He appears two or three times every day in his court of audience with a pleasing counte­nance and mild look, to dispense justice to complainants who come in numbers without any hindrance, and as he listens to them with great attention, they make their representations with­out any fear or hesitation, and obtain redress from his impartiality.
If any person talks too much, or acts in an improper manner, he is never displeased, and he never knits his brows. His courtiers have often desired to prohibit people from showing so much boldness, but he remarks that by hearing their very words, and seeing their gestures, he acquires a habit of forbearance and tolerance.
All bad characters are expelled from the city of Dehlí, and the same is ordered to be done in all places through­out the whole empire. The duties of preserving order and regularity among the people are very efficiently attended to, and throughout the empire, notwithstanding its great extent, nothing can be done without meeting with the due punishment enjoined by the Muhammadan law. Under the dictates of anger and passion he never issues orders of death.“‘

The contemporary Scottish merchant, Alexander Hamilton was so impressed by the manner in which Aurangzeb acquitted himself in a particular case that he felt it embodied the “Christian principles of morality and forgiveness”, and he contrasted Aurangzeb’s behaviour with that of the English merchants at the time. Robert Markley quotes Alexander Hamilton from his travelogue, “A New Account of the East Indies” (1727), as follows:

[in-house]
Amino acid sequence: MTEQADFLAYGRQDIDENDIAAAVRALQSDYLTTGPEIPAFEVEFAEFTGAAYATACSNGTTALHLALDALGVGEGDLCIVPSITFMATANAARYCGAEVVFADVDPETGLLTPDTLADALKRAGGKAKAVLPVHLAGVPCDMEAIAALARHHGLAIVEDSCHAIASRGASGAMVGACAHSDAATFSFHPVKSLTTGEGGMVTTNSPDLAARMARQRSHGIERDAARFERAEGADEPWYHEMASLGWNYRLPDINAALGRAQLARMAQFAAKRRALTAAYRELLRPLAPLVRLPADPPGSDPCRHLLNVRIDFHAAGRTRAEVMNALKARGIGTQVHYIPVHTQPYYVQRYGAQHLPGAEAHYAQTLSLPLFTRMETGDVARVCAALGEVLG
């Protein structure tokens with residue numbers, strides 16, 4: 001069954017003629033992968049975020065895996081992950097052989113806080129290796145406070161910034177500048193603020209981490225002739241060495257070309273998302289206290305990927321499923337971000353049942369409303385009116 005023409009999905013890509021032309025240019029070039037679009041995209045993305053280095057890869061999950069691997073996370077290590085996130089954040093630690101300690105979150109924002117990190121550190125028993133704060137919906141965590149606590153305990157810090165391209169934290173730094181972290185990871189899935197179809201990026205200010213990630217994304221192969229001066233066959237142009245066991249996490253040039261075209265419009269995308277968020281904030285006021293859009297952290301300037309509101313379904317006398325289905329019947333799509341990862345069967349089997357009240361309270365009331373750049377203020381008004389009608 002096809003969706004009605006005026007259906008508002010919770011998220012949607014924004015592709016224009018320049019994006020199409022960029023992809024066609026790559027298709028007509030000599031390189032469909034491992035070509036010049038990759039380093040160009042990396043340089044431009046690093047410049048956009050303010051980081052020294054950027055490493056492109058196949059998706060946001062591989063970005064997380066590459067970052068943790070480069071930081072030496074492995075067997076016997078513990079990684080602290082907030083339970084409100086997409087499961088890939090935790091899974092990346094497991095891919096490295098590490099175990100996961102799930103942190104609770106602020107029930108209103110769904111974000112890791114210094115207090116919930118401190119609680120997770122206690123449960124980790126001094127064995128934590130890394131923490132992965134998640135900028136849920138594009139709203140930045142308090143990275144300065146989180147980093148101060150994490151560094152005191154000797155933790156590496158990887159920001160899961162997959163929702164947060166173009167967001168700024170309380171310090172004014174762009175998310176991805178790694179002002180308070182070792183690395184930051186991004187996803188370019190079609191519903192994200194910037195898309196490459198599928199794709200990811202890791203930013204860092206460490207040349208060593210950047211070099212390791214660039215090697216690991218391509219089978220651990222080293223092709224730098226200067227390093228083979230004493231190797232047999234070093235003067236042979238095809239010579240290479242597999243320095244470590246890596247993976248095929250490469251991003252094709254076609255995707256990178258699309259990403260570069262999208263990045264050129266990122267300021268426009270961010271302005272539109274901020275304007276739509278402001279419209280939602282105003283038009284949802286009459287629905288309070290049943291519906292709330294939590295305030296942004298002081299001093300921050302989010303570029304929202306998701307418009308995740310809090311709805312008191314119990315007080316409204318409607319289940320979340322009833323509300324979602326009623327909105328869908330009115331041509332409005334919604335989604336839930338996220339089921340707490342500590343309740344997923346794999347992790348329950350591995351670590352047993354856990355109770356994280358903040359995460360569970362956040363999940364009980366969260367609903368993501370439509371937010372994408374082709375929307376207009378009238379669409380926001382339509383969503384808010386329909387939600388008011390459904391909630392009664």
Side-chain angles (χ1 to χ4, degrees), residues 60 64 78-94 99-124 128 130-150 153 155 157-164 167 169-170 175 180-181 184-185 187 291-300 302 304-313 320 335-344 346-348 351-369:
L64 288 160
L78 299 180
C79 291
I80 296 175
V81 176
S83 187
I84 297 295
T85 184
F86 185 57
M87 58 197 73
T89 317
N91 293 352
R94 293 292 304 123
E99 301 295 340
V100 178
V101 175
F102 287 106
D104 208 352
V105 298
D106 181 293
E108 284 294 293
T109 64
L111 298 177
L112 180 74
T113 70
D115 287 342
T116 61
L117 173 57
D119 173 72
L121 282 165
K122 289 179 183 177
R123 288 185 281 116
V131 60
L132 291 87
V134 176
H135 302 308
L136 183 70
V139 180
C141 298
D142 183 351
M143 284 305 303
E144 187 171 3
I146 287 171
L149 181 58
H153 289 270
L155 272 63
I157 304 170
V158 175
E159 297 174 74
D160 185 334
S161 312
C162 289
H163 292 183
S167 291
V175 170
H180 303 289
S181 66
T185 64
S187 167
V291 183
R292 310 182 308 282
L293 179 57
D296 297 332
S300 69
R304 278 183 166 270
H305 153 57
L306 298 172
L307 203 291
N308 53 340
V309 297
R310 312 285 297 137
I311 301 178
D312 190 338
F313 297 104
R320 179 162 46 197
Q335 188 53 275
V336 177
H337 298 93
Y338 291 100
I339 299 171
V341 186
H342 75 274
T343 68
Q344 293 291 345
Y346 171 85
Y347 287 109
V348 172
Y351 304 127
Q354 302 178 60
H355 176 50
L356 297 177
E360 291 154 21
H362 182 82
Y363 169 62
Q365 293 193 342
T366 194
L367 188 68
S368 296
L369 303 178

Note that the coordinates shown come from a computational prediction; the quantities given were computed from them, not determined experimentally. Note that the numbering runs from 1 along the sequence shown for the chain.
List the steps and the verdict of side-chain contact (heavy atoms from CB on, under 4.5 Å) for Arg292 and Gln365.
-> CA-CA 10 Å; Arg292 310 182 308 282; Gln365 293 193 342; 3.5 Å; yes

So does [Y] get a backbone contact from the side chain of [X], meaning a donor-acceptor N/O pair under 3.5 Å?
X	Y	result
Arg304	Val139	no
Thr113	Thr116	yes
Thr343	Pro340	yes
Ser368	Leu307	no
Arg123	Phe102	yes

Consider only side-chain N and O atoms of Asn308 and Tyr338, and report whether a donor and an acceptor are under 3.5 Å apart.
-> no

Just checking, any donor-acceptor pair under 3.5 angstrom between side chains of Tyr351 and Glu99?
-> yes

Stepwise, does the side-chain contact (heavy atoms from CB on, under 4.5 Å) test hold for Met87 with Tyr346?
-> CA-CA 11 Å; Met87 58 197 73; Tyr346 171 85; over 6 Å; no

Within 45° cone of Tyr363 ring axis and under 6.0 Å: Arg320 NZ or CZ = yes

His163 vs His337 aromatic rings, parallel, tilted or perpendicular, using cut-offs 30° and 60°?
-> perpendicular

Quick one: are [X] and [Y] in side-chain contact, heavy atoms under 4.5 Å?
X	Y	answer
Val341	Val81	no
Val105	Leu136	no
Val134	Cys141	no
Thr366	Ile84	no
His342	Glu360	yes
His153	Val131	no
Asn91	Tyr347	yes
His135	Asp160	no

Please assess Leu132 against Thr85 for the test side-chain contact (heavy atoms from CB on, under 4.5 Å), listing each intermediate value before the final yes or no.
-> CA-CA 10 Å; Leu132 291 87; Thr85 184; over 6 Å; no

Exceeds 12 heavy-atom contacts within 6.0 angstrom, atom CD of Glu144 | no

“Hamilton  represents  the  emperor’s  court  as  a  model  of  civil  and  well- orchestrated  governance  in  contrast  to  the  tyrannical,  corrupt,  and  uncivil  behavior of  Child  and  his  henchmen.  His  narrative  turns  Aurangzeb  into  an  embodiment  of Western — indeed  universal — morality.  To  this  end,  Hamilton  includes  a  translation of Aurangzeb’s letter to the ambassadors, and it functions as a model of how a  just  and  even  merciful  monarch  exercises  his  power.  The  emperor,  according  to Hamilton  (1727,  1:229),  was  not  “desirous  to  use  Severity  in  punishing  Offences  and Affronts;  but,  like  an  indulgent  Prince,  only  told  [the  English]  their  Faults,  and  prudently  admonished  them  not  to  be  guilty  of  falling  into  such  like  Errors,  and,  in  a majestick  Stile,  advised  them  to  receive  his  Favours  and  Graces  with  great  Respect, and  that  they  ought  to  make  the  Law  the  Standard  of  Justice,  and  in  all  his  Words and Actions, used a  Christian  Moderation.”  By  using  “Christian”  as  an  adjectival marker  of  civilized  behavior,  Hamilton  makes  explicit  what  Ovington  only  backhandedly  acknowledges:  the  Mughals — in  this  case  the  emperor  himself — embody the very principles that define Christian morality and forgiveness.”